- BMW Group chose AWS as the preferred cloud provider for its automated driving platform, the companies announced Tuesday.
- The luxury automobile manufacturer will leverage the hyperscaler’s cloud infrastructure and services, including generative AI, ML and IoT capabilities, to reengineer and support enhancements to its advanced driver assistance system, the companies said.
- The new strategy will integrate Qualcomm’s Ride Vision software stack and move BMW’s ADAS out of the company’s on-prem data center environment, Nicolai Martin, SVP of driving experience at BMW Group, said during a pre-announcement press conference last week.
BMW Group is no stranger to cloud or AWS. Last year, the two companies collaborated on a standardized fleet data management solution, and in 2020 BMW partnered with the hyperscaler to migrate a companywide storehouse of on-prem operational data, creating BMW’s centralized Cloud Data Hub.
The benefits flowed both ways as AWS, the global market leader in cloud infrastructure, worked to develop industry-specific cloud solutions to grow its business. AWS announced its modernization vertical for the automotive industry in 2021.
“A lot of what we're doing at AWS for Automotive is around the vehicle technology, but that work now extends into operation areas such as supply chain and manufacturing and even customer experience,” Wendy Bauer, general manager of AWS automotive and manufacturing, said during the press conference.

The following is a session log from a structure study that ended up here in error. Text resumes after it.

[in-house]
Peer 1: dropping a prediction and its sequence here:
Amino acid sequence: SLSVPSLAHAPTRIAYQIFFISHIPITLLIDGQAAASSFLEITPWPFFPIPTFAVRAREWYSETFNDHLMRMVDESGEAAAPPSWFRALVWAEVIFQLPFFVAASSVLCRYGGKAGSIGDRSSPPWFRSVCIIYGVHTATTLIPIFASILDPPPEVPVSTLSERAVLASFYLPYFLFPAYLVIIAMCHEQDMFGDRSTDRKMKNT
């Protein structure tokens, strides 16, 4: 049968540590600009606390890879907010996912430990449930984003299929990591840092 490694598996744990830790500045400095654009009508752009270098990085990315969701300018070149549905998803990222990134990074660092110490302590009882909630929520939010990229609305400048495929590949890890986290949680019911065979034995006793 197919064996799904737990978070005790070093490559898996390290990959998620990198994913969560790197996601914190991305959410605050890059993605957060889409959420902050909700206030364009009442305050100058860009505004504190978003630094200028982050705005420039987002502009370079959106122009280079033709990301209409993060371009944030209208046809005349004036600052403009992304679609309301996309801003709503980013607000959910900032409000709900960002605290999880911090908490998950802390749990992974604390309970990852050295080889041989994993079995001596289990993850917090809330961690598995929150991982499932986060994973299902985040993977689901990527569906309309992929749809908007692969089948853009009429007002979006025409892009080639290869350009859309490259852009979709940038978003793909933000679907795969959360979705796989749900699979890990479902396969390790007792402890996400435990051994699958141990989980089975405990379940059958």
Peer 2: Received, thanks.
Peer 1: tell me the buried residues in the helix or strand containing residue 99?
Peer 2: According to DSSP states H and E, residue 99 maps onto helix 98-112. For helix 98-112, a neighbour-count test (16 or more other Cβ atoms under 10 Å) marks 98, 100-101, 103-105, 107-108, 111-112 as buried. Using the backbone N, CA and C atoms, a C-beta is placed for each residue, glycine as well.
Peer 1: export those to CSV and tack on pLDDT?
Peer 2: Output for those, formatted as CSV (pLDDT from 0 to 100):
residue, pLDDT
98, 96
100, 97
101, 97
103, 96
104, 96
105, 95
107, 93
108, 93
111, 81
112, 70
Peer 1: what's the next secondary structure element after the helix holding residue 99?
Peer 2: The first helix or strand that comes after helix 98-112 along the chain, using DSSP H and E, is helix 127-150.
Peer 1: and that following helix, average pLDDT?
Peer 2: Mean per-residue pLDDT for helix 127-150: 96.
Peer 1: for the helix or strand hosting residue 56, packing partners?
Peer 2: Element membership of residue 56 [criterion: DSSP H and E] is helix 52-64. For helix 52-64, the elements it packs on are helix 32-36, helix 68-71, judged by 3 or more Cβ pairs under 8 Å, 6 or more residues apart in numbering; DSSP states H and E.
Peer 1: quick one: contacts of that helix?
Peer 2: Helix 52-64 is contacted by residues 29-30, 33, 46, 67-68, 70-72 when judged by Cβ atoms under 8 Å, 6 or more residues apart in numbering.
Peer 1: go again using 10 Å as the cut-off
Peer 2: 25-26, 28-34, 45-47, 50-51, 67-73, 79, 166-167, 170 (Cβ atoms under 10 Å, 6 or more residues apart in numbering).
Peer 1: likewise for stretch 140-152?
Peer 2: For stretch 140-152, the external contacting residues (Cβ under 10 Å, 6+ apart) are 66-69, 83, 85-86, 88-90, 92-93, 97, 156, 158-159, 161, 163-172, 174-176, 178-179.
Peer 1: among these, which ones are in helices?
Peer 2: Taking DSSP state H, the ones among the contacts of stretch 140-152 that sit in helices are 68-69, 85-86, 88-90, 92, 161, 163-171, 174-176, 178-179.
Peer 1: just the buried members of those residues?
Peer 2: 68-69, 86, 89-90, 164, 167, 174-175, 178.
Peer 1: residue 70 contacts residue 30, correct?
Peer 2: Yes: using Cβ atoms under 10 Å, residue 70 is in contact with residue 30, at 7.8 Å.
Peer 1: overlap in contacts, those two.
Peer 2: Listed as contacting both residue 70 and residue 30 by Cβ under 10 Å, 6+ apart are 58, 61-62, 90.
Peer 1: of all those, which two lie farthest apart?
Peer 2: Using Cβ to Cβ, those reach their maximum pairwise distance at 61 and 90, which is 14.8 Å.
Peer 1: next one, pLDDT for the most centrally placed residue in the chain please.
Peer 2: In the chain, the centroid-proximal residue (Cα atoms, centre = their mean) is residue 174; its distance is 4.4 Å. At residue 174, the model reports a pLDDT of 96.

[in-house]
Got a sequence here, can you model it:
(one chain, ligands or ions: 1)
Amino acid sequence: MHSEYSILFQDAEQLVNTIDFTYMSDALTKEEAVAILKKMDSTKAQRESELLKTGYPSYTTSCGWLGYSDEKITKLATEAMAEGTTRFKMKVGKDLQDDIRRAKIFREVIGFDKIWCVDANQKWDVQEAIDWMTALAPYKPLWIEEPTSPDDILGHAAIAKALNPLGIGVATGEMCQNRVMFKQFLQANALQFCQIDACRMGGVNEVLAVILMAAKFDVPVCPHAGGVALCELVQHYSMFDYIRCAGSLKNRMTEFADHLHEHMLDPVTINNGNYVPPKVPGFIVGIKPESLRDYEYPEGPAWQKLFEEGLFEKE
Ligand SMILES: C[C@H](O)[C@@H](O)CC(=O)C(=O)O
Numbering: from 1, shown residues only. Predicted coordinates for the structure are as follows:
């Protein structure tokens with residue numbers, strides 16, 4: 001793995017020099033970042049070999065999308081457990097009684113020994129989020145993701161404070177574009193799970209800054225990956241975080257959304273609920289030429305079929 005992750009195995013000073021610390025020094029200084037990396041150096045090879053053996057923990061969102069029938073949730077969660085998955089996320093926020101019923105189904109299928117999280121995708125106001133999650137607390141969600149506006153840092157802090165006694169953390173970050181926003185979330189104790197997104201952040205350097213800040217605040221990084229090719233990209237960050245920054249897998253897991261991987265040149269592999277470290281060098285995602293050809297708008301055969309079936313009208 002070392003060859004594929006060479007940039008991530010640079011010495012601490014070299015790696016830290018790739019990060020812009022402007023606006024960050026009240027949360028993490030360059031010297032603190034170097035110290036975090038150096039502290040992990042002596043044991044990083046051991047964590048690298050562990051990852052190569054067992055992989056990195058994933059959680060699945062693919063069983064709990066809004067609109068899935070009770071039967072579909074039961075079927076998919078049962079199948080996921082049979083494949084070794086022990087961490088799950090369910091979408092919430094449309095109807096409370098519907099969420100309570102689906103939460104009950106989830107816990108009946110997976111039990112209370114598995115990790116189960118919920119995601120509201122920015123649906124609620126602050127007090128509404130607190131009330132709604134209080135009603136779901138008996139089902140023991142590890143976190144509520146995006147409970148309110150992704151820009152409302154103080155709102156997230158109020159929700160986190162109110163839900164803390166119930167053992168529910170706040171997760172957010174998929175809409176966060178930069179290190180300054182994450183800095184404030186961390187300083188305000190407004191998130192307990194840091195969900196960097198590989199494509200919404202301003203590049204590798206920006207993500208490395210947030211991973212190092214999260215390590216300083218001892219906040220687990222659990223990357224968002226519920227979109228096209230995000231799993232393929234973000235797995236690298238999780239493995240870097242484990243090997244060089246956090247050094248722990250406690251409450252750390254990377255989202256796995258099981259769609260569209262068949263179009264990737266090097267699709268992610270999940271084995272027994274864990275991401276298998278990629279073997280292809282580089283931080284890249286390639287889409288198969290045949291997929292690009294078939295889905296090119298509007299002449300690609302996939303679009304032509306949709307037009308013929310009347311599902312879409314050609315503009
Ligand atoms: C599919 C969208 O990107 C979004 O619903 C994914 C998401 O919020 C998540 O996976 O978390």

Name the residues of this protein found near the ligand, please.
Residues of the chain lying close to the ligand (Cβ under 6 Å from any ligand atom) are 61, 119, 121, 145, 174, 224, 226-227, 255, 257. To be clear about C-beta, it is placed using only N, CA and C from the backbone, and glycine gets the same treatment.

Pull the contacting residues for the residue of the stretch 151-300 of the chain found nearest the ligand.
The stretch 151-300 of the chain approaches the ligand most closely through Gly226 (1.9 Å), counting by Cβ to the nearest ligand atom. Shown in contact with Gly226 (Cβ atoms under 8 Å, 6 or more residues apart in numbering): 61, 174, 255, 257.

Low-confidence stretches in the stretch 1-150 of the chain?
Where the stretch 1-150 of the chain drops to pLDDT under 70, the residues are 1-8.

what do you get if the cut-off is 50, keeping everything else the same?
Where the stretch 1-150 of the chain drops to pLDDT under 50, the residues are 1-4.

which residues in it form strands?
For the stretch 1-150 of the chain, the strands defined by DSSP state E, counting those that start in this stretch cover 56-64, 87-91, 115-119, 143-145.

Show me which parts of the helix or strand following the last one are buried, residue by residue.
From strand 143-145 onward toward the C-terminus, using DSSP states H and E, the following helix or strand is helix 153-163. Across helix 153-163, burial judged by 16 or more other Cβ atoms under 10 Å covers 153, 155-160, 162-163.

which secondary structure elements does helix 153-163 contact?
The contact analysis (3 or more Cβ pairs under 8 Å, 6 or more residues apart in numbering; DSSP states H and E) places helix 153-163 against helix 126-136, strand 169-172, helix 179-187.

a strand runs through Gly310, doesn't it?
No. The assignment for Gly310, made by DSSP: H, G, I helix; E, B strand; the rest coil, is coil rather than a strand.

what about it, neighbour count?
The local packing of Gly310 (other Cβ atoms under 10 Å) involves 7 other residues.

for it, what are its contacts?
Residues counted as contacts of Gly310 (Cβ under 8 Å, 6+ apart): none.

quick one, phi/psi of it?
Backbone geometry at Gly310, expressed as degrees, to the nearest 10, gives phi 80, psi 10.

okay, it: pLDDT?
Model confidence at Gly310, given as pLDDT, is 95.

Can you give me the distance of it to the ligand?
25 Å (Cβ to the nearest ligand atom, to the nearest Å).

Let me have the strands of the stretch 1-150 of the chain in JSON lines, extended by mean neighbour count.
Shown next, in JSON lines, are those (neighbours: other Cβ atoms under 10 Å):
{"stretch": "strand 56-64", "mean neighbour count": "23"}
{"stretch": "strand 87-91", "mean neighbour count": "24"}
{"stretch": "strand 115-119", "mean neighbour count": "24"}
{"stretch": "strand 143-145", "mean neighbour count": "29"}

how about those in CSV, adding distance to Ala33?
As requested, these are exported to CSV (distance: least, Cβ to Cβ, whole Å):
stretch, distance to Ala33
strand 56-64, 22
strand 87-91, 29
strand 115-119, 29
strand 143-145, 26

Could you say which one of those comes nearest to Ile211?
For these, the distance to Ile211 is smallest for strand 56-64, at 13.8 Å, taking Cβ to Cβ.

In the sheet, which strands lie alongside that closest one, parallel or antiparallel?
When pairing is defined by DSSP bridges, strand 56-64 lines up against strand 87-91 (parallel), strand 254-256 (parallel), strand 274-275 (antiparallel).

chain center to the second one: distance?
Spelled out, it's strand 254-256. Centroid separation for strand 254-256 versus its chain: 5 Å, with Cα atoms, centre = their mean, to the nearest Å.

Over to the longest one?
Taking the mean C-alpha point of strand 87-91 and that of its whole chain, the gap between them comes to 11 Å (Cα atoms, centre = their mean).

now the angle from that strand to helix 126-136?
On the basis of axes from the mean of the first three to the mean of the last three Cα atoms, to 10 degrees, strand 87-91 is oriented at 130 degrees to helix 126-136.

Extending the partnership will enable engineers at BMW and its wireless technology partner Qualcomm to jointly develop software from 14 locations globally, according to Martin.
The deal will also link BMW’s existing Cloud Data Hub to engineering, easing access to data needed to improve automation functions, such as lane departure assist, automated lane change and hands-free driving.
The next generation ADAS will be deployed in BMW’s Neue Klasse vehicle line, set to launch in 2025.
The ADAS solution may have applications beyond the automotive industry, Bauer said.
“There will be learnings that come out of this that will scale to other industries,” said Bauer, pointing to potential use cases in healthcare, life sciences, the energy sector and other verticals with complex, globally dispersed software development ecosystems.